Yes, there is a good chance this is a false positive.
First, the IgM is not a reliable test. It doesn't do a good job of differentiating between a new and established infection, and doesn't do well differentiating between type 1 and 2. It's supposed to look for new antibodies, but can be reactive when someone has a well-established infection. It can also react to antibodies for other herpes viruses, like the chicken pox.
It shouldn't be done on adults. The CDC has said this for a long time, but doctors aren't aware of it.
Also, if you've had cold sores before, you have an established infection. You shouldn't have the IgM test, which is supposed to look for new infections - within about 2 weeks of exposure. (Though are you sure? Cold sores occur on the lips, not in the mouth. Sores in the mouth are canker sores, not cold sores. You should google them both to look for images to see which one you had.)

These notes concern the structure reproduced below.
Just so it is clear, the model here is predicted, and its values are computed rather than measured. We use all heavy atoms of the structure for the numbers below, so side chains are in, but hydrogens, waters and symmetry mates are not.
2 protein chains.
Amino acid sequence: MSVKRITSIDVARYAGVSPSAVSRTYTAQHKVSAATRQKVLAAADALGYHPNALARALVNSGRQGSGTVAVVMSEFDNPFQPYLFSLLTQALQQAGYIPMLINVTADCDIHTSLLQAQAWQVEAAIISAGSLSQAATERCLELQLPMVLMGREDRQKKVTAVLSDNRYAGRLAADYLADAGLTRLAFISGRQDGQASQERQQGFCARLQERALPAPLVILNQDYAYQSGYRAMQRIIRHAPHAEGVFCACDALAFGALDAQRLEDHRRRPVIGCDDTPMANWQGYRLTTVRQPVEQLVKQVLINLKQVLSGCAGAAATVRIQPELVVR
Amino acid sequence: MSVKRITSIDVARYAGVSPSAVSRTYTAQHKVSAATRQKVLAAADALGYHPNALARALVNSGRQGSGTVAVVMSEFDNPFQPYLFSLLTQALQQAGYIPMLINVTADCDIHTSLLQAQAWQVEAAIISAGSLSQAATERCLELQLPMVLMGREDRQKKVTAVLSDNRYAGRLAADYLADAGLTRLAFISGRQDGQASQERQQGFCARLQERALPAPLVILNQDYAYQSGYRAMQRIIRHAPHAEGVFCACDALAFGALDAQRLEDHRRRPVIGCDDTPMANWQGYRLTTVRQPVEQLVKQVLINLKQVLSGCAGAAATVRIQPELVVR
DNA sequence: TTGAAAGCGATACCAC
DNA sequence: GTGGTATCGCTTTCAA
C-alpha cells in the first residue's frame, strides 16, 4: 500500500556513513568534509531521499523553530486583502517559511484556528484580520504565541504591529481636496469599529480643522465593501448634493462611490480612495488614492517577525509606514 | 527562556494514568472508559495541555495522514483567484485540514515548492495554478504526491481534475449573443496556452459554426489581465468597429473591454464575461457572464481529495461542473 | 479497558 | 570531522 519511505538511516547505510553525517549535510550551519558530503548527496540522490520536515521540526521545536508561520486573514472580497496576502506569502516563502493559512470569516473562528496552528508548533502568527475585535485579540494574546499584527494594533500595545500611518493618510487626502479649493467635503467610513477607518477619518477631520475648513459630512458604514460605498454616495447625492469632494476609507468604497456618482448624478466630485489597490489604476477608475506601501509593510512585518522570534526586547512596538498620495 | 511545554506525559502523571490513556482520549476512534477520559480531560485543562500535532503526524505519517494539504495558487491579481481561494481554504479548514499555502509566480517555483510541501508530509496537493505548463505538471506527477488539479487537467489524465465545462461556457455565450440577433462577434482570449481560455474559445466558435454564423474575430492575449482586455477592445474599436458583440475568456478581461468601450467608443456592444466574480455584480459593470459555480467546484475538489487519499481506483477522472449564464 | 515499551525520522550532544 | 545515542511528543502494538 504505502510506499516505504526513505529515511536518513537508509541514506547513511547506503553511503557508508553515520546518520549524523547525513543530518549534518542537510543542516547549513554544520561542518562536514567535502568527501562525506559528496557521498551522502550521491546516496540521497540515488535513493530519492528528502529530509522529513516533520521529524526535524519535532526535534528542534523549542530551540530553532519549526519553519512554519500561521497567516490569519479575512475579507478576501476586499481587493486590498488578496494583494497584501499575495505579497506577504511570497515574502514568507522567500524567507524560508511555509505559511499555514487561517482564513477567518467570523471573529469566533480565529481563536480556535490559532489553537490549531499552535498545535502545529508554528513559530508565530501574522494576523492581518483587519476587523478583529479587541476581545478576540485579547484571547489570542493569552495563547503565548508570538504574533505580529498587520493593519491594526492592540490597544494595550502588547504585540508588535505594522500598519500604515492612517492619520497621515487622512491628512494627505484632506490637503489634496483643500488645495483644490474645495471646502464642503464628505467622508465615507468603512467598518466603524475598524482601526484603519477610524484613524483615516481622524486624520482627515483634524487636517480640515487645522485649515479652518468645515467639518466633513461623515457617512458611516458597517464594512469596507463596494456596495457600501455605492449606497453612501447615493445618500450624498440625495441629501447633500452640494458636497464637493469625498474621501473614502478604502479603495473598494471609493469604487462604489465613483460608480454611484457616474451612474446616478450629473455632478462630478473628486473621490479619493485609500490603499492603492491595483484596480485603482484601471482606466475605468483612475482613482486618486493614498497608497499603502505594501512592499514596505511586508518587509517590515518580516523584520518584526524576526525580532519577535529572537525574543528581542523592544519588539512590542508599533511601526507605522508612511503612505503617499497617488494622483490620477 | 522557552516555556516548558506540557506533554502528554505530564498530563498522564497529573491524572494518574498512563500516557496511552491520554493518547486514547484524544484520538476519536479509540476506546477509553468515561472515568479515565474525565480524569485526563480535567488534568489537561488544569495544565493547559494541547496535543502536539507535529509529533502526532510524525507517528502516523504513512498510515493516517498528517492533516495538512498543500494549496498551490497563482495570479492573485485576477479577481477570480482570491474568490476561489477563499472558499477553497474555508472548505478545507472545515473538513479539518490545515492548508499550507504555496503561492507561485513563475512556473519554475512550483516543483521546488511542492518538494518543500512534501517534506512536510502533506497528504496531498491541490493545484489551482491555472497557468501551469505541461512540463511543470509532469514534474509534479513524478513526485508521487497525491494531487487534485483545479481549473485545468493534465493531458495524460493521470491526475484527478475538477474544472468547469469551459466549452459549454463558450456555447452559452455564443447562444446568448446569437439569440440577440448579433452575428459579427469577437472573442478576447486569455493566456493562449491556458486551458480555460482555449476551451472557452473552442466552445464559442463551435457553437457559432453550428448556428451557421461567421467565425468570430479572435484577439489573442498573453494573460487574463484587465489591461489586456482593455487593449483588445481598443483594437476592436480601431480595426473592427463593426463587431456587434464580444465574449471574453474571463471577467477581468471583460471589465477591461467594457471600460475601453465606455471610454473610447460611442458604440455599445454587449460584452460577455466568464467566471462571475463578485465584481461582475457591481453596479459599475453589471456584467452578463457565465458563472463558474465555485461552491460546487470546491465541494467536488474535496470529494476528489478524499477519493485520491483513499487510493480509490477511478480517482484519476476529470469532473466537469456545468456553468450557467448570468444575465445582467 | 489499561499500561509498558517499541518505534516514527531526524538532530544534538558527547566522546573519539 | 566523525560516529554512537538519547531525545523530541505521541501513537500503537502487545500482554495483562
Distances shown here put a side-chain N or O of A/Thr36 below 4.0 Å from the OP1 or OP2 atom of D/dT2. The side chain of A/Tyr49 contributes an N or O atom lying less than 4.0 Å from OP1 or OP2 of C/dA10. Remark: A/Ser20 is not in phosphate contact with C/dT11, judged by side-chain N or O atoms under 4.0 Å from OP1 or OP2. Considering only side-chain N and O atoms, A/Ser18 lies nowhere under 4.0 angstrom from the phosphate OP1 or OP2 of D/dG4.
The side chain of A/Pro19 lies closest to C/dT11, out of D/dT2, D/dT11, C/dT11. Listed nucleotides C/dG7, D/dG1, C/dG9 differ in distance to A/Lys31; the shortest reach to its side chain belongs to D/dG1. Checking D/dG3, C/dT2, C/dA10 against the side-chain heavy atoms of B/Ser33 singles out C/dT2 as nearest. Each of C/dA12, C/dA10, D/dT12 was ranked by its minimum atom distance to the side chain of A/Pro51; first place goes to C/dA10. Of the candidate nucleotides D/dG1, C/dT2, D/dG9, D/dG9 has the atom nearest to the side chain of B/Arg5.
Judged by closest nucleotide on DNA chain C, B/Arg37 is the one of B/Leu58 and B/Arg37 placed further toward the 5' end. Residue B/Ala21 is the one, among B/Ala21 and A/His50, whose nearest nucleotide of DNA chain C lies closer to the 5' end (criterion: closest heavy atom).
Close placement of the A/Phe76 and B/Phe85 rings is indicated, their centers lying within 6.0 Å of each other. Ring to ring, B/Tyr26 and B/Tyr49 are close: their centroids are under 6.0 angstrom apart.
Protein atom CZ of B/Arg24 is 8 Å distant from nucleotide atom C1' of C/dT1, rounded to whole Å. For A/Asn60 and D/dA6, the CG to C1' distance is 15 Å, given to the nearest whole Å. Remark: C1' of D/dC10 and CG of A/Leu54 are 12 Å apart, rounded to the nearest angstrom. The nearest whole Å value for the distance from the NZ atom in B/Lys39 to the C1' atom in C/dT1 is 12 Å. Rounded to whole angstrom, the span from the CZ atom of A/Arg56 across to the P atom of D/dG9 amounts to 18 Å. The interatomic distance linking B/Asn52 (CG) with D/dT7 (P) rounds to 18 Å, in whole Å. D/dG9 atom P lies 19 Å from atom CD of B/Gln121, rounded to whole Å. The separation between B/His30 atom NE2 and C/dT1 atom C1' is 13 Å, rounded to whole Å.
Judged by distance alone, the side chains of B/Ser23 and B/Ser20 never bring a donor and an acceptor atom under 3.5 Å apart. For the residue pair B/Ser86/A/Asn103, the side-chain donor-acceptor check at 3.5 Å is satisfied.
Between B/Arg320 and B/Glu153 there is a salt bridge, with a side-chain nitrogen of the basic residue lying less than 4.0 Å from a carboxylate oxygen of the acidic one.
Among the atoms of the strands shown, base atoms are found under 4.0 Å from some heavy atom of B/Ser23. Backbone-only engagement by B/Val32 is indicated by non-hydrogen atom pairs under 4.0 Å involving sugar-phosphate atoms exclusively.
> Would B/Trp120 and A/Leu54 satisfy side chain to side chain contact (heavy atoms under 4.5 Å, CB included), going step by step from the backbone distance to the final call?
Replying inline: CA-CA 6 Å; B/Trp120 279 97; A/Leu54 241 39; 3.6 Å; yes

In any case, the test you want is an IgG type specific IgG blood test.
When was your last possible exposure? What was your exposure?
It's hard to say if you have it or not - the IgM is unreliable enough that you should act like you didn't have any testing - ignore it completely.
Herpes is infectious, obviously, but a lot goes into how infectious it is. It's more infectious with a sore present than if one isn't. If someone takes daily meds to suppress the virus, that lowers transmission rates.
If you have genital herpes type 1, which you can get from oral sex, that's less infectious than genital herpes type 2, or oral herpes type 1.
So let's cross that bridge when we get there. Get an IgG type specific test. It can take up to 4 months to be conclusive, though most will show positive by 6 weeks.